Family Fun Day FUBAR

The community health organization that I work for recently threw their annual large scale “family fun day” — the selling points are fairly appealing: fun, sun, music, free food, children’s activities, community outreach from a variety of different non-profits and support groups, multilingual HealthPlus and Fresh Air Fund counseling, and, of course, healthy lifestyle choices! Who can’t get down to that??

Well, in fact, Zeus has his qualms with family fun.

We’d all heard rumors of rain (80% chance according to the weather channel) so we spent most of Friday preparing our building for the crowds — no sense in taking the risk of having the thing outside. Besides, our building is pretty spacious and an inside festival would be *way* easier to clean up. But mid-morning the next day the weather looked decent so our plucky Director of Programs ordered all the staff and volunteers to move everything and everyone outside into the sunshine for set up. I protested! But to no avail.

Minutes after set up was complete our little fiesta received the most sudden, intense, devastating, torrential, quasi-biblical downpour that I’ve ever experienced. Add to the mix hundreds of wet, hungry, disgruntled, non-English-speaking people, many of whom also happen to be infants or toddlers, and you have nothing less than full. blown. chaos.

It was like the 3D ride through a scene from the The Thin Red Line. Some people fled inside right away while others cowered shivering under the tents we had set up, under which all the food had to be hastily moved as well. There was no chain of command. There was no procedure. We were IN THE SHIT and we had to leap into action — Desiree began to marshal the tent-cowerers inside the building and coordinate transport of what was left of the food to some kind of impromptu food service point, which we managed to set up in the downstairs hallway.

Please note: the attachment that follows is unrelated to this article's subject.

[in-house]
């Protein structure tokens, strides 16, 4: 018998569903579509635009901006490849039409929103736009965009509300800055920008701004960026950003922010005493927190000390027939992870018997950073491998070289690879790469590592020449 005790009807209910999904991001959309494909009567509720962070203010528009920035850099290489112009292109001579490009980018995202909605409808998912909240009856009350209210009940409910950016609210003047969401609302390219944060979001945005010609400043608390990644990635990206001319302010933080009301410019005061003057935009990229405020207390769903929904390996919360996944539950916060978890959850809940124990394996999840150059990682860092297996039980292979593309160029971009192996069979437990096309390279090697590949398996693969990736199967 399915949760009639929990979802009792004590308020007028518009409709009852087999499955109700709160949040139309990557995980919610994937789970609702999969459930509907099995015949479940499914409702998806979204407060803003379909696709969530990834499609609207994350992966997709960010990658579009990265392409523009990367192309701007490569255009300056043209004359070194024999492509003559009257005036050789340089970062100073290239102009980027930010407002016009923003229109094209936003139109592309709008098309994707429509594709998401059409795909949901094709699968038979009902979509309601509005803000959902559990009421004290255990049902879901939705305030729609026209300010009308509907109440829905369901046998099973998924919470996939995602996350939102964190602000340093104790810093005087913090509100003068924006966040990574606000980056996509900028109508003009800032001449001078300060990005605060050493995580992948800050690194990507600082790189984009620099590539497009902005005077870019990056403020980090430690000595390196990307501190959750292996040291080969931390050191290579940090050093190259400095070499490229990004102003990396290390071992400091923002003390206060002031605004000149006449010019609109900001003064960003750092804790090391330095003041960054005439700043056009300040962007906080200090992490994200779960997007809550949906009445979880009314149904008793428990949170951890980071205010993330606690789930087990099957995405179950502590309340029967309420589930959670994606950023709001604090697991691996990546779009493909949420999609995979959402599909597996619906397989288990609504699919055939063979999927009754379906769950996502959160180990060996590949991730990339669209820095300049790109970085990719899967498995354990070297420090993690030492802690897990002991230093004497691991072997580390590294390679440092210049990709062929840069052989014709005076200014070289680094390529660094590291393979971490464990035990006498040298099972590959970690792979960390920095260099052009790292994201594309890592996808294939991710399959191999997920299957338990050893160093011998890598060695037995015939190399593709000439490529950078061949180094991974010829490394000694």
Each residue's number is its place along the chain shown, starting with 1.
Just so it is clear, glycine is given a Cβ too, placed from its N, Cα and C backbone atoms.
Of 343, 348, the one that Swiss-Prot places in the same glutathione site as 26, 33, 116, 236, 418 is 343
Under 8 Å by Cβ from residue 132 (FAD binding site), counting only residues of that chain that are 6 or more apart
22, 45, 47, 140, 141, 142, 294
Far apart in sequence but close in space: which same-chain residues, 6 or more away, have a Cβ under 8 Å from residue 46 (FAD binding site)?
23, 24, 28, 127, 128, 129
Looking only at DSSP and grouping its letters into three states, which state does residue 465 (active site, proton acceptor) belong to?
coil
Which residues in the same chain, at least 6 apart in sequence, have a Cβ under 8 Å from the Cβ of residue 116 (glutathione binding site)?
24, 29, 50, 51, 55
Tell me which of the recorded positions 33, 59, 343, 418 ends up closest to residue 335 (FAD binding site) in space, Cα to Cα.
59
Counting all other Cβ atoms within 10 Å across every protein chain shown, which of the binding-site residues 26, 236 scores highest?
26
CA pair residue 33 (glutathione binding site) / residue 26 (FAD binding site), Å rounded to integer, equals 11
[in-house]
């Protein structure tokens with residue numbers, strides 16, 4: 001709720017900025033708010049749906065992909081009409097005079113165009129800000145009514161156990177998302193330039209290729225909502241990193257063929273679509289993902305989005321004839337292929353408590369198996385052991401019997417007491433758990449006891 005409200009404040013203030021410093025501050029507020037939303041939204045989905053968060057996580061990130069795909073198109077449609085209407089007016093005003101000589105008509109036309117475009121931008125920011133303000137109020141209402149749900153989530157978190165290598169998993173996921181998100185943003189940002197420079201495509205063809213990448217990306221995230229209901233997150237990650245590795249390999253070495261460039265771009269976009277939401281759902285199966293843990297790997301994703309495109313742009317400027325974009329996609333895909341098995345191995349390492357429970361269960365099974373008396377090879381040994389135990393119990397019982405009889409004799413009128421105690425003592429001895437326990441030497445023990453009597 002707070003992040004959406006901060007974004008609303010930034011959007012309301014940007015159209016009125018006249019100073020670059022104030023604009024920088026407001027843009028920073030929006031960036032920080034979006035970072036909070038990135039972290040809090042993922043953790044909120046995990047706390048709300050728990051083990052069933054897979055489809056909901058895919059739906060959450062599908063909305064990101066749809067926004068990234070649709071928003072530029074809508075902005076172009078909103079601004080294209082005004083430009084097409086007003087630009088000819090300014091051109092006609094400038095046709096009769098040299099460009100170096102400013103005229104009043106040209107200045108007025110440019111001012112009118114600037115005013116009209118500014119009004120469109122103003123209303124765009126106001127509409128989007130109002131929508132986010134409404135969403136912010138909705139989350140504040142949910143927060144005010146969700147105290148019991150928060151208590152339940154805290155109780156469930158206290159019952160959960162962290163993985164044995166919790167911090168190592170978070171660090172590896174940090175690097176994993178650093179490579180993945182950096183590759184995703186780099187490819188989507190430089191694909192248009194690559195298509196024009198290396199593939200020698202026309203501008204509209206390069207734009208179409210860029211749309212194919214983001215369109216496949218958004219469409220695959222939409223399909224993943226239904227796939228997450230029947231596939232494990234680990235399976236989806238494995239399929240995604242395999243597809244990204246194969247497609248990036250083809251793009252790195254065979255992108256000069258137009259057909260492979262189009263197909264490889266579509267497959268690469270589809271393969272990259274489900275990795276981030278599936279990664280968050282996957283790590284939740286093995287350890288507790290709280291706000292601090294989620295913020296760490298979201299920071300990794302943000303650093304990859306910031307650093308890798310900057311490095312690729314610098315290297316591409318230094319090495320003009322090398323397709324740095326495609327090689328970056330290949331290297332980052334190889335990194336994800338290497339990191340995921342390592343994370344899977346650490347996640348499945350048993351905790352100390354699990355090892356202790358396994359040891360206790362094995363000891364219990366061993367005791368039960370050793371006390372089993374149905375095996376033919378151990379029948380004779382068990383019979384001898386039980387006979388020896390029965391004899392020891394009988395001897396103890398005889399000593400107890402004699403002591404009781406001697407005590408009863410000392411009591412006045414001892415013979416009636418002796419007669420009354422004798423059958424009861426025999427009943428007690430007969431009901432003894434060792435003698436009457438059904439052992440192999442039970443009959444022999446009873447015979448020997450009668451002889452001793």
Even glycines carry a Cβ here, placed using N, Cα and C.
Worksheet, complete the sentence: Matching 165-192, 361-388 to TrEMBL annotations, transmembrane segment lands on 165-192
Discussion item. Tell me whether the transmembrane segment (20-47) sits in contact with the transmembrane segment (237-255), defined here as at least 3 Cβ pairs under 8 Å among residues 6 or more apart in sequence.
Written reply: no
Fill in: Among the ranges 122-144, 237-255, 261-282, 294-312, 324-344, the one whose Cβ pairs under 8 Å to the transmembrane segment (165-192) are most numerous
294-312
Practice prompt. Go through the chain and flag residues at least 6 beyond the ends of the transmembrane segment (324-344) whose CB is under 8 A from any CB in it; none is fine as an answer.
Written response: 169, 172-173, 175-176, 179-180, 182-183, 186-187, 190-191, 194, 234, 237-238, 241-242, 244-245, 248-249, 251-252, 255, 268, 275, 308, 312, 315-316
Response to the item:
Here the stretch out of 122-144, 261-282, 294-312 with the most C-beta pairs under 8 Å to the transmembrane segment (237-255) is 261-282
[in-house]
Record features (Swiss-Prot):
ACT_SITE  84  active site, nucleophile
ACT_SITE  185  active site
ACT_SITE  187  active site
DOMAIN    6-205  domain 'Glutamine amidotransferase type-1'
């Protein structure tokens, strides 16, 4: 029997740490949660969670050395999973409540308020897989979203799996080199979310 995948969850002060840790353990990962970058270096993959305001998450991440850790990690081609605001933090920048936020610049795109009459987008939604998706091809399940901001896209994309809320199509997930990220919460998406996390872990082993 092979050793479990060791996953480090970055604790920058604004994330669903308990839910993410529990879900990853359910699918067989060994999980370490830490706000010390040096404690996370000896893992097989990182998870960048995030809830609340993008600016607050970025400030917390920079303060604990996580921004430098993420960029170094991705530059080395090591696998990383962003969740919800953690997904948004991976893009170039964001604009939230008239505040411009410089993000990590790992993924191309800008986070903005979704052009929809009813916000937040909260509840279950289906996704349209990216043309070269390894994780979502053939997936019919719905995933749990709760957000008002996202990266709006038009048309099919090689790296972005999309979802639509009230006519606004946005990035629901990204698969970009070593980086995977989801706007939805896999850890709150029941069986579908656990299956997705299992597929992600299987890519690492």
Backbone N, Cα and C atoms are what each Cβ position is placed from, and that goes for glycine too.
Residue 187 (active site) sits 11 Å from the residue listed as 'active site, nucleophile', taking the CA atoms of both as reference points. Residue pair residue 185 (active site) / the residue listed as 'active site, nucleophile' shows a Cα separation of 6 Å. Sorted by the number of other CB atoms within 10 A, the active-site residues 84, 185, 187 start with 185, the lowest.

I happened to be dressed as Shrek at the time, humpback and all, desperately imploring the enraged crowd to form a line for their chow, which was spread so thin that each person received an egg roll and a spinach triangle and a tightlipped smile from the beleaguered Americorps workers who had taken charge of food service. Then the word came down from on high that the food was to be moved to an upstairs classroom — we had to shout, shove, and struggle forward every step to get it up there.

“The people are pushing me…I’m trying to wait in line, but they just keep pushing!” one bedraggled lady cried to me and I, still costumed, looked her right in the eye. “Well,” I said, “then you gotta push em back.”

It went on like that — like a hurricane hit and people were fighting for survival — for what seemed like hours. Eventually the rain stopped and everybody stumbled back outside, grudgingly set up their tents once again, and, as the stiff-lipped Brits might say, “made a go of it.” At the back end of the afternoon the crowd started to thin, I slipped out, slinked away home and remained in a coma for the rest of the weekend.

Screw you, family fun.


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